Before we go any further, firstly we have to ask ourselves:
What do we intend to create?
Now, picture these two scenarios:
Scenario 1: Photographer shoots a vivacious bunch of salsa dancers and would like to give it a polished look for a book cover.
Scenario 2: Designer given a brief for a magazine comic strip that requires cartoon-like illustrations.
Which Adobe software would you use for each of these scenarios? Photoshop for scenario 1 and Illustrator for scenario 2? That’s just about right!
Simply put, Photoshop needs existing images to start with and that is how photographers remove “photo bombs” and those fine wrinkle lines using a pixel-based (dots) drawing style. Illustrator, on the other hand, gives you – the designer – the freedom to expand your creativity using vector-based (lines, curves, shapes) drawings. Think logos, illustrations, business cards.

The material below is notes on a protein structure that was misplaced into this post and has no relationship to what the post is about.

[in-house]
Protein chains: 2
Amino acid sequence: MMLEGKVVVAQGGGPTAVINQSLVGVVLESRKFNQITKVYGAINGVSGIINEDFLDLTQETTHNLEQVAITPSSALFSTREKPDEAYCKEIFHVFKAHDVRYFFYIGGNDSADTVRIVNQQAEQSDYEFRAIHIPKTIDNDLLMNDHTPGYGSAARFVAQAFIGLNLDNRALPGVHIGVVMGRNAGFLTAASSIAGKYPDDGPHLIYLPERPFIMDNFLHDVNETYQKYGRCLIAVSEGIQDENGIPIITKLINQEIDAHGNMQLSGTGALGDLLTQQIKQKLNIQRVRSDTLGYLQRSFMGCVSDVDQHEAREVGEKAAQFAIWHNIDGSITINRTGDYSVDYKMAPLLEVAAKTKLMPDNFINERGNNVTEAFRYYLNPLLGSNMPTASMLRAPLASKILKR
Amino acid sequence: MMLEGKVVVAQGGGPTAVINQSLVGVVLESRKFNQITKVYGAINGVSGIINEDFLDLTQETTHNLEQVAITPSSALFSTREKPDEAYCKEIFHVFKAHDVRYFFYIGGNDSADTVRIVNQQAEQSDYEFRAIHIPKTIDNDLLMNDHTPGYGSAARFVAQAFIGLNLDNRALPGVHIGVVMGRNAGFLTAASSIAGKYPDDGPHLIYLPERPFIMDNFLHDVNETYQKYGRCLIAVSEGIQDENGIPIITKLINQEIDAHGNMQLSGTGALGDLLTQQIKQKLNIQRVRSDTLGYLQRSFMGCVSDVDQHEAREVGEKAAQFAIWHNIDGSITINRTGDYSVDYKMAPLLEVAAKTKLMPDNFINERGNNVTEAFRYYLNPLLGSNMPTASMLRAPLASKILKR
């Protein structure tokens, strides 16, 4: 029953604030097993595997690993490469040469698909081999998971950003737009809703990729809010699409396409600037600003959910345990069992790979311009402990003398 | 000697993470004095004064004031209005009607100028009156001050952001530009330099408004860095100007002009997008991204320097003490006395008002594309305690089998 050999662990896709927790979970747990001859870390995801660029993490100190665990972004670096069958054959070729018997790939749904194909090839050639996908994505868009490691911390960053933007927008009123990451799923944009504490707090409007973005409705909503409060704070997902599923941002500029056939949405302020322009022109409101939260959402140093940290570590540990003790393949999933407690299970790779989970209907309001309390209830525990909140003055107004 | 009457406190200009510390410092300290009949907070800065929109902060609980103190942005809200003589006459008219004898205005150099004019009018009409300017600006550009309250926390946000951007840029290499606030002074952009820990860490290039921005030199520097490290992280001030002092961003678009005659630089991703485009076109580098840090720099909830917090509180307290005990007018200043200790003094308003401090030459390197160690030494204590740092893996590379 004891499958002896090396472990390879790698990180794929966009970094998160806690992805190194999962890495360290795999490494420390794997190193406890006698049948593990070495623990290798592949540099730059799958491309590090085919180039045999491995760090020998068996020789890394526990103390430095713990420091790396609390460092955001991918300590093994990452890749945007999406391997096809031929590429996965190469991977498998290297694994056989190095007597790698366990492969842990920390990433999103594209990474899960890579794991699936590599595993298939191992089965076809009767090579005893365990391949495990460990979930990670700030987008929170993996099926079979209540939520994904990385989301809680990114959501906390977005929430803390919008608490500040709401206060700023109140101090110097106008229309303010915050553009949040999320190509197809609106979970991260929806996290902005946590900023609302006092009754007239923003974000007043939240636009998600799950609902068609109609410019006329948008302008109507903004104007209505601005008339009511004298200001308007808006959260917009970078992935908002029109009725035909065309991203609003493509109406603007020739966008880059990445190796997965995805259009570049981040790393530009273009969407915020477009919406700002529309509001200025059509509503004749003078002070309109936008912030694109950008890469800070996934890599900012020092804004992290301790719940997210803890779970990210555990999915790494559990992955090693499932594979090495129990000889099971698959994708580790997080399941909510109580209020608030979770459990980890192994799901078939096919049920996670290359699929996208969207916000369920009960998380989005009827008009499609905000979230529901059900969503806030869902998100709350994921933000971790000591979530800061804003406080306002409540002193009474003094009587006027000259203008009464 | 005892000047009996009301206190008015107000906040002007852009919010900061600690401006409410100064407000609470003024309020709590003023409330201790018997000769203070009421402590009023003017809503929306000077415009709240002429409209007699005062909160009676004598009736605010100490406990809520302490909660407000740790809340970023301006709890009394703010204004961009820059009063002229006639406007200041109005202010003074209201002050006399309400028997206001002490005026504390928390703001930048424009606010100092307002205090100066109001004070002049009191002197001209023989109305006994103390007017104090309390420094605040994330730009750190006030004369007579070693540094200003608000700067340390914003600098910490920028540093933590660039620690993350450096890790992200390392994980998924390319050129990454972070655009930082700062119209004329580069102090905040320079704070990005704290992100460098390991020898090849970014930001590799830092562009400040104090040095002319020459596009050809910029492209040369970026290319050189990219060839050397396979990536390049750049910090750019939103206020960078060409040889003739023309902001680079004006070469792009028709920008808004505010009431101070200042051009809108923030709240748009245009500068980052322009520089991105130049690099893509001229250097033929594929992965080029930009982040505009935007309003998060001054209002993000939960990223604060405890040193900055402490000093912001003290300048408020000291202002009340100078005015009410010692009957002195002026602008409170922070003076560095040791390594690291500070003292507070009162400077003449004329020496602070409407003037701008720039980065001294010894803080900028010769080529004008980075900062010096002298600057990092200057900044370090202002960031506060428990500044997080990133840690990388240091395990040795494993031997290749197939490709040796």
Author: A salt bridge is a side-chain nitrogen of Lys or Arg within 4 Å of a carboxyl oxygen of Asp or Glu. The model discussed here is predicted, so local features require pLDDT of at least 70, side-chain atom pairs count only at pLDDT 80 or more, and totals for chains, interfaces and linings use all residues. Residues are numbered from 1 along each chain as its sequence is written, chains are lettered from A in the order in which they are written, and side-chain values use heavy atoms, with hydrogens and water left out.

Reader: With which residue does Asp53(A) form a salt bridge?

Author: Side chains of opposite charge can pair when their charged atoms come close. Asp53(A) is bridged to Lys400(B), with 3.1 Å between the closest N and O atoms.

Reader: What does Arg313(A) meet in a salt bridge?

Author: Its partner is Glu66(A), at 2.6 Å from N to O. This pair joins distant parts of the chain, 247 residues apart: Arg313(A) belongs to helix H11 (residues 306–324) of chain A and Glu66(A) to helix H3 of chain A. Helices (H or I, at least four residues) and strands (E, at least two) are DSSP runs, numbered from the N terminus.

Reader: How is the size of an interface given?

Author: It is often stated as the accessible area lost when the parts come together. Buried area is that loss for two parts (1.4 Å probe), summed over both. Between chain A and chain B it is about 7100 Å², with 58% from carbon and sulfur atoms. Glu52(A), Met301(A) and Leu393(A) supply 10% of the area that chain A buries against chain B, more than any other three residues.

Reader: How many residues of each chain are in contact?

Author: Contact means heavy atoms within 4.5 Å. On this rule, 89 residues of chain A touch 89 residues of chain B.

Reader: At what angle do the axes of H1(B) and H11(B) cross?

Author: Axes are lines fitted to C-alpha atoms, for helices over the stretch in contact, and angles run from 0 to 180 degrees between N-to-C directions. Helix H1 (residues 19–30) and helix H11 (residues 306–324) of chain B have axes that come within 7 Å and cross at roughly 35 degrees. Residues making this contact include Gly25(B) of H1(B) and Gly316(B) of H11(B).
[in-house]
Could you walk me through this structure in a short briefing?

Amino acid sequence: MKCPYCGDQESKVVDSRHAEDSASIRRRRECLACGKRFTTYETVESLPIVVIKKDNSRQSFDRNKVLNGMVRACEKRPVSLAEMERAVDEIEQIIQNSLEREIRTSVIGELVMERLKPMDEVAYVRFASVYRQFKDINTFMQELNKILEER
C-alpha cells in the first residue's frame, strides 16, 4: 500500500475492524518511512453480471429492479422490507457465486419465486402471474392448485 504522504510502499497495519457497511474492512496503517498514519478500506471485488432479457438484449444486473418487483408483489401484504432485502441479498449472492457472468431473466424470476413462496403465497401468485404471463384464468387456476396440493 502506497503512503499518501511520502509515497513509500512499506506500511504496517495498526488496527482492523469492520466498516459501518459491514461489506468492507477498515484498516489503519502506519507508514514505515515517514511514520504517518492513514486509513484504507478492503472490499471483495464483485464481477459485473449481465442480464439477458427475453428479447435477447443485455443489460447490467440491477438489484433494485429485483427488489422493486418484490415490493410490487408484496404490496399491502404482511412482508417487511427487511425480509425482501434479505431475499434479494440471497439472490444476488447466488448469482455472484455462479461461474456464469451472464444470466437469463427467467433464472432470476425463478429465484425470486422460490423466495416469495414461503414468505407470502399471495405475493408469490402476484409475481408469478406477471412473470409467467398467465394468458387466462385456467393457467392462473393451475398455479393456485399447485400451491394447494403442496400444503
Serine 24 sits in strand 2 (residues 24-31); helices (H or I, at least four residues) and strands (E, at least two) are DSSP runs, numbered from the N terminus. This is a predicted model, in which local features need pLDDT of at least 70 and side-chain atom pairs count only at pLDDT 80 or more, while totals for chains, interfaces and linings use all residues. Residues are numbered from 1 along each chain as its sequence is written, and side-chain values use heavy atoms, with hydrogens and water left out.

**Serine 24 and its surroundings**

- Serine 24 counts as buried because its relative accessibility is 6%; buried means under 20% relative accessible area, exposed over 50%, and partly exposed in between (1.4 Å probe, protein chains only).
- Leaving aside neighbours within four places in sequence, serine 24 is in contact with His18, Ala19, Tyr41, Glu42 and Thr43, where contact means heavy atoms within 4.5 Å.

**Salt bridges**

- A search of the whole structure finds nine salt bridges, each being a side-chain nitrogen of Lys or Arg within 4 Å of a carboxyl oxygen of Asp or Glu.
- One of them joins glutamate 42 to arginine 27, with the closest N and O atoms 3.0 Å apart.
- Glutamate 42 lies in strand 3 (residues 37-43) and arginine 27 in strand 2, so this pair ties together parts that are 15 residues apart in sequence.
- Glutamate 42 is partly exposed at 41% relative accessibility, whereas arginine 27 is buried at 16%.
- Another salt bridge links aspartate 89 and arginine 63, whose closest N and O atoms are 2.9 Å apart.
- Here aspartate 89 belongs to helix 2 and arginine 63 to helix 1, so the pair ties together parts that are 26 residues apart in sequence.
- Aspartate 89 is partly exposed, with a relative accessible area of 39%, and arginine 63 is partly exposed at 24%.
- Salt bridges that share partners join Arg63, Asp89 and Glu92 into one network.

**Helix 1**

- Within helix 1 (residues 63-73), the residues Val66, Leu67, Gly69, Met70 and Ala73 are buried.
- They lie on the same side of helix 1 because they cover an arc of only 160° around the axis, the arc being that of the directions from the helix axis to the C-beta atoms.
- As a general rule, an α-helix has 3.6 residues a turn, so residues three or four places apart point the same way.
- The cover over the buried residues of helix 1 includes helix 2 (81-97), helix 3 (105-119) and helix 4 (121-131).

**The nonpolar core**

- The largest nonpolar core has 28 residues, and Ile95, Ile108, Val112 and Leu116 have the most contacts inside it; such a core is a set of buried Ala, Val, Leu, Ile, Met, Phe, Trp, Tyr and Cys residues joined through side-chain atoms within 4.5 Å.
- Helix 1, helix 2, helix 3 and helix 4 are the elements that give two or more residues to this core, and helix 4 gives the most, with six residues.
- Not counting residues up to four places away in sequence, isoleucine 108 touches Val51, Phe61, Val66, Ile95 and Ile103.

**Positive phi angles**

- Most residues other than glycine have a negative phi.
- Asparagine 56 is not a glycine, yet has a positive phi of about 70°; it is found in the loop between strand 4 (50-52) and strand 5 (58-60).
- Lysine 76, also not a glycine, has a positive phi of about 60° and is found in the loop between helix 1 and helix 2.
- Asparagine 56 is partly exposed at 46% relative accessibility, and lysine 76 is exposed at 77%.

Just because Illustrator allows you to create graphics from scratch does not necessarily mean they are the best. It is still not fully equipped for editing and cropping work. That’s where Photoshop will come in handy!
The table below shows an overview of both softwares:
|Text Quality, Layout, Creation||Less Superior||More Superior|
|Drawing Style||Pixels||Vector, Line-Drawn|
|Ease Of Use||Minimal Practice||Needs Practice|
|Need Existing Image?||Yes||No, creates brand new images|
|Text friendly?||No, distorted||Yes|
But being a true Photo Chick, I prefer using both to give my images a little finesse. So while we’re on this topic, there is no reason why Photoshop and Illustrator shouldn’t work hand in hand as both have some basic, shared components, whether it is to create brand new images or spruce up old ones.
So whether you’re a digital photographer or graphic designer, I will encourage you to explore both options! After all, it’s always fun to test the waters and see your creative ideas come alive!
So what do YOU intend to CREATE?